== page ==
“You can understand the language, but that doesn’t mean you understand the situation,” says Miriam Guzman, one of the organizers and a medical student at UCI.
Doctors refer patients to organizations that help with mental health, but there are limitations. The changing nature of the shelter system makes monitoring difficult; People are often transferred without warning.
Chicago’s goal is to provide permanent homes, which can help alleviate health problems. But the city has had difficulty coping with population growth, with buses and planes arriving at all times every day. Mayor Brandon Johnson, who took office in May, described the issue as a long-standing problem and suggested setting up dedicated winter tents.
His administration has recognized the heavy reliance on volunteers.
“We were not prepared for this,” said Ray Wences Najera, senior deputy for migrant and refugee rights. “We’re building this plane as we fly it and the plane is on fire.”
Volunteer doctors are also limited in what they can do: They carry children’s medicine, bandages and even earplugs in their bags because some migrants want not to hear the sirens. But they cannot perform X-rays or treat chronic problems.
“You wouldn’t ask someone who’s been through this journey to quit smoking,” says Ruben Santos, a medical student at Rush University. “You’re changing the way you’re trying to communicate with that person to make sure you can help them meet their most pressing needs without doing some of the traditional things you might do in an office or in a large academic hospital.”
The volunteers explain to each patient that the service is free but that they are students. Experienced doctors, who are part of this effort, approve treatment plans and prescribe medications.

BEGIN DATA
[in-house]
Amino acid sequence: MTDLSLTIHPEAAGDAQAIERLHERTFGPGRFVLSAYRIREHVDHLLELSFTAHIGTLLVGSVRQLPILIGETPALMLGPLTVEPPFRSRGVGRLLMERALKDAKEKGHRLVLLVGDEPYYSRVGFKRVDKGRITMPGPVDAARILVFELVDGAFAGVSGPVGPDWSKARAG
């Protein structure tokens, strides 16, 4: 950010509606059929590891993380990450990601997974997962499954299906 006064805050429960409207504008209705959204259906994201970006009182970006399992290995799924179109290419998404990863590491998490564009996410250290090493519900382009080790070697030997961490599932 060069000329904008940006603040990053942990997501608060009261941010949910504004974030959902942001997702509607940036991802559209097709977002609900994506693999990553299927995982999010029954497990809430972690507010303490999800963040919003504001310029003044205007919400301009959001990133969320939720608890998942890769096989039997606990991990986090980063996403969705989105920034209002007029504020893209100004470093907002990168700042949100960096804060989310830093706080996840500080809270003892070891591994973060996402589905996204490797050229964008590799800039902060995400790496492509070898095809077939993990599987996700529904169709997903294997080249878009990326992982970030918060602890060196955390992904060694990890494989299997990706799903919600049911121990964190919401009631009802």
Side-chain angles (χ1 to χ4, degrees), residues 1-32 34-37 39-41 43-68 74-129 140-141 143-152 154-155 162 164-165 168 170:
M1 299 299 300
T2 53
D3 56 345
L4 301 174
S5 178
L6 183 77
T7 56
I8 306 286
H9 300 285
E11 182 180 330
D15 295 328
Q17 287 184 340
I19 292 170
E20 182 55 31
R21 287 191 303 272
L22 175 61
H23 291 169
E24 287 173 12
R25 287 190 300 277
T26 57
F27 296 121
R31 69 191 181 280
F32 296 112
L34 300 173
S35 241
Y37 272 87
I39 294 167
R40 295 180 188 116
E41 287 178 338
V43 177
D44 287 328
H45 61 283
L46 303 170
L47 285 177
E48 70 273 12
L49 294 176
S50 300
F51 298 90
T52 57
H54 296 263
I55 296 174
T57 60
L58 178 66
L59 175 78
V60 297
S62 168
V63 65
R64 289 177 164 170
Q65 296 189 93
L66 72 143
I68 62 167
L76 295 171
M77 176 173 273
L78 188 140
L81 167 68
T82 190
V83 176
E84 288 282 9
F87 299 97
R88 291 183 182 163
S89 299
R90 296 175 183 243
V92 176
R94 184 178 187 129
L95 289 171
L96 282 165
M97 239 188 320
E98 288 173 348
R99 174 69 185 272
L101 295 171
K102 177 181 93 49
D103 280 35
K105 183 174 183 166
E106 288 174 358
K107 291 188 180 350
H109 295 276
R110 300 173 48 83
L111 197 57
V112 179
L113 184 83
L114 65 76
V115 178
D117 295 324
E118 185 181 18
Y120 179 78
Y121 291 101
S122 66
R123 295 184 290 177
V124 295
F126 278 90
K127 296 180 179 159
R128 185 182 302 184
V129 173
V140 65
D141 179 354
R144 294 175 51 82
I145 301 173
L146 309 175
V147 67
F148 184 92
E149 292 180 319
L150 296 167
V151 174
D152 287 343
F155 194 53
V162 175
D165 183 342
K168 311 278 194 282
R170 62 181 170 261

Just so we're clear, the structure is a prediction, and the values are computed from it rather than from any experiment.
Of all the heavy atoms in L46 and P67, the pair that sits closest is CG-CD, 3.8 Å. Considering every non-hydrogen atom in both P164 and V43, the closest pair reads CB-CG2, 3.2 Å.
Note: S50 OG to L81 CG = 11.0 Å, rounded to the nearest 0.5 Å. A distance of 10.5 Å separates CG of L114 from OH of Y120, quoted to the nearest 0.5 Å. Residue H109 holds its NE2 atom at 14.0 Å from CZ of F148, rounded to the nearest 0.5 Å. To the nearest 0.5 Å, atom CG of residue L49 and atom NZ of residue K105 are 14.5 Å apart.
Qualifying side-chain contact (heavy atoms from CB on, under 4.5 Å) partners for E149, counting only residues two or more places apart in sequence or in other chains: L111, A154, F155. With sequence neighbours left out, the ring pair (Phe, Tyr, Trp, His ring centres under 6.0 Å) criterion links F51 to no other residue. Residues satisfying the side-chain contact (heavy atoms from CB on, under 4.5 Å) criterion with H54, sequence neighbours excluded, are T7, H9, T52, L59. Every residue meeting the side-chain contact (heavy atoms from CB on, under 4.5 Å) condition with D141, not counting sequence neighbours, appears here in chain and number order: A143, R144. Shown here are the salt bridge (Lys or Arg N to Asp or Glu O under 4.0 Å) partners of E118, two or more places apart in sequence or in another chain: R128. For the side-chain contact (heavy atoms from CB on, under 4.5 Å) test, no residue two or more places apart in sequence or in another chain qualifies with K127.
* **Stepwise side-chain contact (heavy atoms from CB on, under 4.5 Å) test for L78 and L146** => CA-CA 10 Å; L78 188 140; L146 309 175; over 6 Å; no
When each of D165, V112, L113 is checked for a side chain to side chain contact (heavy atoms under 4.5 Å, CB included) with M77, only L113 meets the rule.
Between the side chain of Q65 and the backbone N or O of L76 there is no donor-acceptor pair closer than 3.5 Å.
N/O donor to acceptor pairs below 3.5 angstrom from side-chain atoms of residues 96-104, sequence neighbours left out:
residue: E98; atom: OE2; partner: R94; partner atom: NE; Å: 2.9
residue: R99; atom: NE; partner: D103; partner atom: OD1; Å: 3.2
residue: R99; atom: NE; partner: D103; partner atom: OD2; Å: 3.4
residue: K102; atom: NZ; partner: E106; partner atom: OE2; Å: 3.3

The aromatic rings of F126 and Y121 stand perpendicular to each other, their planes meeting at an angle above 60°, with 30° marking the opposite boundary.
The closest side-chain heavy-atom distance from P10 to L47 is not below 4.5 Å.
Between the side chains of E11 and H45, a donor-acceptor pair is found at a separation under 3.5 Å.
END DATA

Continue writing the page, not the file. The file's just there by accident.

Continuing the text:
Obtaining these medications is another challenge. The station visit resulted in 15 recipes. Working on laptops on the floor near dozens of sleeping families, the doctors planned which doctors would receive the medications the next day and how they would find the recipients.
Sometimes volunteers have to call for emergency help.
Moises Hidalgo, 30, said he was having difficulty breathing. Doctors heard an alarming “cracking” sound, suspected pneumonia, and called an ambulance.
Hidalgo, who arrived from Peru after leaving his native Venezuela more than a decade ago, previously worked as a chef. He had been wandering around Chicago looking for work, but was turned away without a work permit.
“I’ve been trying to find a job, at least so I can pay to sleep somewhere, because if this isn’t resolved, I can’t keep waiting,” he said.
To keep warm while sleeping outside, he wore four layers of clothing; His baggy pants were held tight with a drawstring.
Doctors hope Chicago can formalize its approach. They say they will continue to do so, because it is personal for some.
Dr. Muftudin Iddrisu, who works at the Advocate Illinois Masonic Medical Center, said he wanted to return the favor. Originally from Ghana, he studied medicine in Cuba.
“I come from a very humble background,” he says. “I know how he feels. I know someone once did the same thing to me.”
-Translated by José Luis Sanchez Pando/TCA
“Social media evangelist. Student. Reader. Troublemaker. Typical introvert.”